Cliamte Change and Energy

The 20th century saw the average temperature in the New York metropolitan region increase by 2 degrees Fahrenheit . The Arctic ice cap shrank at a rate that alarms most experts in the field and scientific models indicate that this warming trend will continue in the 21st century. Even small changes in climate can alter the environmental baseline under which cities plan and operate. Cities are radical human alterations of the natural landscape, and with 50% of the world population now living in urban areas like New York City, the global urban community must analyze and adapt to the very climate change they are creating.

Climate change research generally focuses on one of two principles; adaptation—introducing coping systems and strategies in a city impacted by climate change, and mitigation—stopping the climate from changing. CISC’s projects focus on adaptation. With effective and proactive adaptation strategies in place, cities can stave off the potentially catastrophic economic and health impacts of global warming, while buying much needed time for successful mitigation strategies to be identified, tested, and implemented. The Climate Change and Energy Program Area, seeks to examine natural climate conditions, current conditions as influenced by urban living and prospects for the future.

Program Area Leader: Allan Frei, Associate Professor of Geography, Hunter College

Program Activities and Events:

New York City Panel on Climate Change

Dr. William Solecki

CISC Director Bill Solecki was appointed Co-Chair of this important panel tasked with providing the science information to policy makers and other leaders regarding future impacts of climate change on New York City. The task force, part of PlaNYC, the city’s long-term sustainability plan, is composed of city and state agencies, public authorities and companies that operate the roads, bridges, tunnels, mass transit, and the water, sewer, energy and telecommunications systems–all of them thought to be vulnerable.

To view the press release from the Mayor’s office, click here.

To view the Climate Risk Information Report released by the NPCC, please click here.

Urban Forests in Our Midst

Urban forests in our midstDid you know that there are 108 acres of open spaces hidden behind rowhouses on the Upper West Side alone? That is 13% the size of Central Park! These backyard open spaces convey a range of environmental benefits to the entire City—and yet these benefits are overlooked by the architects of public policy for NYC, environmentalists, building owners and tenants alike. This project will have significant implications for the entire City given the many neighborhoods in all five boroughs characterized by significant numbers of rowhouses with adjoining backyards.

CISC and Landmarks West! have teamed up to work on a project identifying the benefits of private green space in NYC. Much research and advocacy has gone into assessing the environmental benefits of public green space, but relatively little work has been done to promote best practices amongst private owners. This project seeks to create original research about the potential benefits as well as outreach materials to educate urbanites with green space on their property.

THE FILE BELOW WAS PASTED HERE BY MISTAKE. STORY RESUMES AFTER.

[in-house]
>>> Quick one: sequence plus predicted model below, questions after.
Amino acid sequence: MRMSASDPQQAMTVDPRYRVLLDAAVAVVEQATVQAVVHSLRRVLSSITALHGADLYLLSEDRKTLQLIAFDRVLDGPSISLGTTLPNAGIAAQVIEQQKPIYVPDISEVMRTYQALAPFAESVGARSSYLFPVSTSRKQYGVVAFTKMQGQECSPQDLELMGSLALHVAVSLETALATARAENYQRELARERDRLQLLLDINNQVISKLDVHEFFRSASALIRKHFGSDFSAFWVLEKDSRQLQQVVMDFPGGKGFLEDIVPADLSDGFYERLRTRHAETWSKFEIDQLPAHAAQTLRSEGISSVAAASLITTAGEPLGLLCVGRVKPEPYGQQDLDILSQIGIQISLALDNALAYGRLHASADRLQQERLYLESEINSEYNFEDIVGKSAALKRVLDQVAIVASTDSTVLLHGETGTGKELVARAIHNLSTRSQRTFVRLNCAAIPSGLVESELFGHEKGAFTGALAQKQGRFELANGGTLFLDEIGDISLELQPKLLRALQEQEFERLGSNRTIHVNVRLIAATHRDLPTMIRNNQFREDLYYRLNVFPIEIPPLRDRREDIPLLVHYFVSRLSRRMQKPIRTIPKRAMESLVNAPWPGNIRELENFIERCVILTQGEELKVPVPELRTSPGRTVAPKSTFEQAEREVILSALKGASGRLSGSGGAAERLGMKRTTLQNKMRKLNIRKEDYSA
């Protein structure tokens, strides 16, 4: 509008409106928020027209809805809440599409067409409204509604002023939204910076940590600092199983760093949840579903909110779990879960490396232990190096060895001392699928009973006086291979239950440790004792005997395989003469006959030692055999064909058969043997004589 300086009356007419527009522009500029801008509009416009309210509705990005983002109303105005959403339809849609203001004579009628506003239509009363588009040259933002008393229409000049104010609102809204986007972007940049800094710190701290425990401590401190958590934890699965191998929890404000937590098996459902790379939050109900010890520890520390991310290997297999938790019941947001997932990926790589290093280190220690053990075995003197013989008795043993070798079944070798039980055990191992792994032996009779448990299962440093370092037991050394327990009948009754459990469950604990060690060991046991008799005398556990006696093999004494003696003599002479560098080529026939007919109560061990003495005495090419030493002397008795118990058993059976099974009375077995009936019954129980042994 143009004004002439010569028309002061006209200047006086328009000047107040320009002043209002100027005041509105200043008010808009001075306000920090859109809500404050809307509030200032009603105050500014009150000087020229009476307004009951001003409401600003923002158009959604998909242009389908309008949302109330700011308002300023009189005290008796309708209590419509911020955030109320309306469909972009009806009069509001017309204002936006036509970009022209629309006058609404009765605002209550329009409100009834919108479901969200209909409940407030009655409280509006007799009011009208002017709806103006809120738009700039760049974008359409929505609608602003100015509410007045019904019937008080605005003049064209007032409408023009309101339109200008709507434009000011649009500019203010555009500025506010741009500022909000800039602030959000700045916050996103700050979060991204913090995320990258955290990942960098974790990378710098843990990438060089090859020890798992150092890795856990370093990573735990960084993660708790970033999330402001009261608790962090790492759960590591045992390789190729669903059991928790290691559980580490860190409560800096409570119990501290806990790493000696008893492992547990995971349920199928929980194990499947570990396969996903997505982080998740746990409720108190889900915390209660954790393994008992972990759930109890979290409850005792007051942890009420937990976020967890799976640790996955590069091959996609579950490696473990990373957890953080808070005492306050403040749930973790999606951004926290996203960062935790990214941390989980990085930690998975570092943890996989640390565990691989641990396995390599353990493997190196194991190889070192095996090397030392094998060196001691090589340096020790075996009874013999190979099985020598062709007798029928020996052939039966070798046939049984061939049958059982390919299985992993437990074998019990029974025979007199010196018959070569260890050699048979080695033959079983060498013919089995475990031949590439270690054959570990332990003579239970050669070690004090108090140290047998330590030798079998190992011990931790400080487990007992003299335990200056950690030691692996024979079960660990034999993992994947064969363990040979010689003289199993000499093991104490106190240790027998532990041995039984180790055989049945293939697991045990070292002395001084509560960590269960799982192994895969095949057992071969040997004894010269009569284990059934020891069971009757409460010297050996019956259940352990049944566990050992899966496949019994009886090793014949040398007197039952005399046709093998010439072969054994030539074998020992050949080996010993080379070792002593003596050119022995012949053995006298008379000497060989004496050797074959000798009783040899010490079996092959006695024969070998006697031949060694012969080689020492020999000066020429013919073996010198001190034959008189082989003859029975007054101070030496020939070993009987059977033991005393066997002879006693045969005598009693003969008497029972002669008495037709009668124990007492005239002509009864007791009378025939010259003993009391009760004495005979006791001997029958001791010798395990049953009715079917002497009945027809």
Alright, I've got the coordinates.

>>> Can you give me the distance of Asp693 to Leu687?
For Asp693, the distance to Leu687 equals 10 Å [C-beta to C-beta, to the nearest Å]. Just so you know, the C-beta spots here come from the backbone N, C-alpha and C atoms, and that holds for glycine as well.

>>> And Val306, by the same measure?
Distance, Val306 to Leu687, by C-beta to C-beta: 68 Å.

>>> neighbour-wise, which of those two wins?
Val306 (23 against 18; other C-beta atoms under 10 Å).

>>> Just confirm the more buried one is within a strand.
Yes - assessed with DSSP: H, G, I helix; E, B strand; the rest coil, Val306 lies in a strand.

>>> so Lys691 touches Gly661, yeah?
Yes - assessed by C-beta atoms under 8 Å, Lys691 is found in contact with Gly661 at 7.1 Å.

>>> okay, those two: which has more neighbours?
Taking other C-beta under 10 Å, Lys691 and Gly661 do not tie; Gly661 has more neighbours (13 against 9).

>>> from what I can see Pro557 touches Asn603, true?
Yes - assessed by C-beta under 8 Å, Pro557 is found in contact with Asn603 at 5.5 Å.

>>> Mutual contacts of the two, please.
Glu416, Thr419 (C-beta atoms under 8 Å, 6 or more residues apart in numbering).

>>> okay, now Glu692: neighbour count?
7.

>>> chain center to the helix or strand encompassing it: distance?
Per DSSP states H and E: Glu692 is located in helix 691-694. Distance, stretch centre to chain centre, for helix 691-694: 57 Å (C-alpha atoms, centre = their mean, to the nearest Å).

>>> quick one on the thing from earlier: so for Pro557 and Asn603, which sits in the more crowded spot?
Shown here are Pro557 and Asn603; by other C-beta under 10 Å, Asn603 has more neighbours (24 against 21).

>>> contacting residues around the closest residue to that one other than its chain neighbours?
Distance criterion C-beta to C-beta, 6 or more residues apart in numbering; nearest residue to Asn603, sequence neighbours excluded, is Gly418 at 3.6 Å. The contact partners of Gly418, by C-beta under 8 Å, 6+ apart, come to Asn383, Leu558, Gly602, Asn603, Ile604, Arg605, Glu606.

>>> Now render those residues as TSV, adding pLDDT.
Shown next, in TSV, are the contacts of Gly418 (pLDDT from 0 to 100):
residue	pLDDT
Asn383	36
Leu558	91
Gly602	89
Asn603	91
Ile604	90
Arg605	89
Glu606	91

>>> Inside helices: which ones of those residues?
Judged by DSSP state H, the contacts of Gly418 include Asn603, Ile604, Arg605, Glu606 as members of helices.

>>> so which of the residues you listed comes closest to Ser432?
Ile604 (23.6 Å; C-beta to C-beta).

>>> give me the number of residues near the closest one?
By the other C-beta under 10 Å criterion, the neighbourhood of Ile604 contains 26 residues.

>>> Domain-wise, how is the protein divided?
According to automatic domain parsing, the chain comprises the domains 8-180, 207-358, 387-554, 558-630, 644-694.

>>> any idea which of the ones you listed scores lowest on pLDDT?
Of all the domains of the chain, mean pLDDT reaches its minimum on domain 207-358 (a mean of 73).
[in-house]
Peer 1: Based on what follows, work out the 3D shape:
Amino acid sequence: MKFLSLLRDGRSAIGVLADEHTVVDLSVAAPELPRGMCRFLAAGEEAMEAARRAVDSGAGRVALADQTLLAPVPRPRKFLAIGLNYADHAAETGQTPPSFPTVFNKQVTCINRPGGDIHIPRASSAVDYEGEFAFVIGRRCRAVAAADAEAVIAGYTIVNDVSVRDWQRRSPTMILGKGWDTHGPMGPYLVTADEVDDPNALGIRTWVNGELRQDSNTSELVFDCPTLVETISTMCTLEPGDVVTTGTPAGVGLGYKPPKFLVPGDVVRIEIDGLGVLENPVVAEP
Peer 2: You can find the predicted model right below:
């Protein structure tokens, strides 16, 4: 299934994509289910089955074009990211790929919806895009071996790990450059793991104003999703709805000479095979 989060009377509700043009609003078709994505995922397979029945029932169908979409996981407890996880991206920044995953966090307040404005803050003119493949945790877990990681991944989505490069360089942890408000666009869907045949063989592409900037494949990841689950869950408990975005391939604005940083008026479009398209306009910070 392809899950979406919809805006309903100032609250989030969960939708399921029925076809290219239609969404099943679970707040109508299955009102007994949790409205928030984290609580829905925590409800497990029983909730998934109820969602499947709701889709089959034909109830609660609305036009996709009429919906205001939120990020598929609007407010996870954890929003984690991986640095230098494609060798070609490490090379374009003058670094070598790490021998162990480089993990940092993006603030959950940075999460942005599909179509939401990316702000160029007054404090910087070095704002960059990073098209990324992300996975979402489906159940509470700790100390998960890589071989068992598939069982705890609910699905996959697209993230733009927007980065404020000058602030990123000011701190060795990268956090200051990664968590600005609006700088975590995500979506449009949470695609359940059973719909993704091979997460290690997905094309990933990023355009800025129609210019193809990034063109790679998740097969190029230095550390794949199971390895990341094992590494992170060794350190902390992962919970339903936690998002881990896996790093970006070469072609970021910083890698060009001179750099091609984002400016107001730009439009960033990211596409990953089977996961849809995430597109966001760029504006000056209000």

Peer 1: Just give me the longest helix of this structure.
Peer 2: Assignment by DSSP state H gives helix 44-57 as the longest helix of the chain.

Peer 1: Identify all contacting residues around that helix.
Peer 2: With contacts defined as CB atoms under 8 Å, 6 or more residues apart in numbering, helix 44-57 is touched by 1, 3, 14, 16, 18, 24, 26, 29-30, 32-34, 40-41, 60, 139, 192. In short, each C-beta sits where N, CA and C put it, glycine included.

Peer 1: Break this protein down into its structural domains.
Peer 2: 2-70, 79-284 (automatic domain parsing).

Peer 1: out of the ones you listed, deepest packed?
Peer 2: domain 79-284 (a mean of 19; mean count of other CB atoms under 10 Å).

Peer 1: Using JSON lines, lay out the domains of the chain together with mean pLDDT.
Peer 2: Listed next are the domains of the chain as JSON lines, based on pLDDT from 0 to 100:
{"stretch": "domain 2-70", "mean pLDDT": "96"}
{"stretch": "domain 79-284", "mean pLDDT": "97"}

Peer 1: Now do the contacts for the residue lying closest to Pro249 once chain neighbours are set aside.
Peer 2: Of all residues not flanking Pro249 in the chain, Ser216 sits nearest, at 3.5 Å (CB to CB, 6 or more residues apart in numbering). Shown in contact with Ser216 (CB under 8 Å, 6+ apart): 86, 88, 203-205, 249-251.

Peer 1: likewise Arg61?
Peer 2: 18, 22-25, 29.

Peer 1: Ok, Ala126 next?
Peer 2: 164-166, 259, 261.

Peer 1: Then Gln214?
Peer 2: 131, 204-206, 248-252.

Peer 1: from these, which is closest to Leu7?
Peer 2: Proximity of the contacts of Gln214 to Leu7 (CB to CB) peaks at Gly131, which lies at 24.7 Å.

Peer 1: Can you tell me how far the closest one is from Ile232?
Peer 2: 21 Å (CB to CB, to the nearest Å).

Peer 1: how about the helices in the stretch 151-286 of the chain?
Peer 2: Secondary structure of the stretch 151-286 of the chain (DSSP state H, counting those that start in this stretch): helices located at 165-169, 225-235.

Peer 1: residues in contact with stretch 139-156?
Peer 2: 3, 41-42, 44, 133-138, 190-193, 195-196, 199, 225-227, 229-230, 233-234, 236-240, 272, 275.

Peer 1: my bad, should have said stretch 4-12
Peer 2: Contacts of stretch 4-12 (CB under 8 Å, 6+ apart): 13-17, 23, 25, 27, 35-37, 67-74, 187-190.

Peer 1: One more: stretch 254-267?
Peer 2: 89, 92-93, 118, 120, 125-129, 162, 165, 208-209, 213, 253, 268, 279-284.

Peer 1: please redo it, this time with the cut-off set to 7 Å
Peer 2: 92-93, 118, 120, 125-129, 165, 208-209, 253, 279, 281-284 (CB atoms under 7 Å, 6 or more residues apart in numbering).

LandmarkWests!’s Evan Mason and Dr. Bill Solecki from CUNY Institute for Sustainable Cities sat down with Brian Lehrer to talk about our environmental project “Urban Forests in Our Midst.” You can listen to the program here:

Potential Impacts of Climate Change on Sustainable Water Use in the Hudson River Valley

The primary goal of this project is to provide assistance to the Orange County (OC) Water Authority (OCWA) so that they identify as necessary to begin to include climate change in their planning process to meet their long-term water supply objectives. The specific objectives of this project include both technical—science based—and non-technical—outreach and education based components.

Although the Hudson River Valley (HRV) region receives, by global standards, a significant amount of precipitation, due to a growing population and considerable water consumption, water supplies of communities living in the HRV are vulnerable to variations in climate. If, during the twenty first century, the HRV experiences climate variations that are similar to those that occurred during the last 100 years, then communities must be prepared for at least the type of drought experienced during the 1960s, the most serious drought of the twentieth century, because evidence suggests that a drought of magnitude and persistence similar to (or even more serious than) the 1960s drought is not unusual in the long-term history of this region. In addition to variability, changes in climate that are expected in the HRV during the twenty first century will most likely alter the hydrologic cycle, resulting in significant impacts on water supply, water quality, riparian and river ecology, and agriculture, and may make local water supplies even less resilient to climatic variations. This information will be used for two primary purposes: to inform public debate, local officials, and regional planners; as well as to provide guidance and suggestions as to what the major information gaps are with regards to regional climatic monitoring and potential climate change impacts, and how those gaps can be filled.

Click here to download the final report.


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The Institute for Sustainable Cities | CUNY Hunter College
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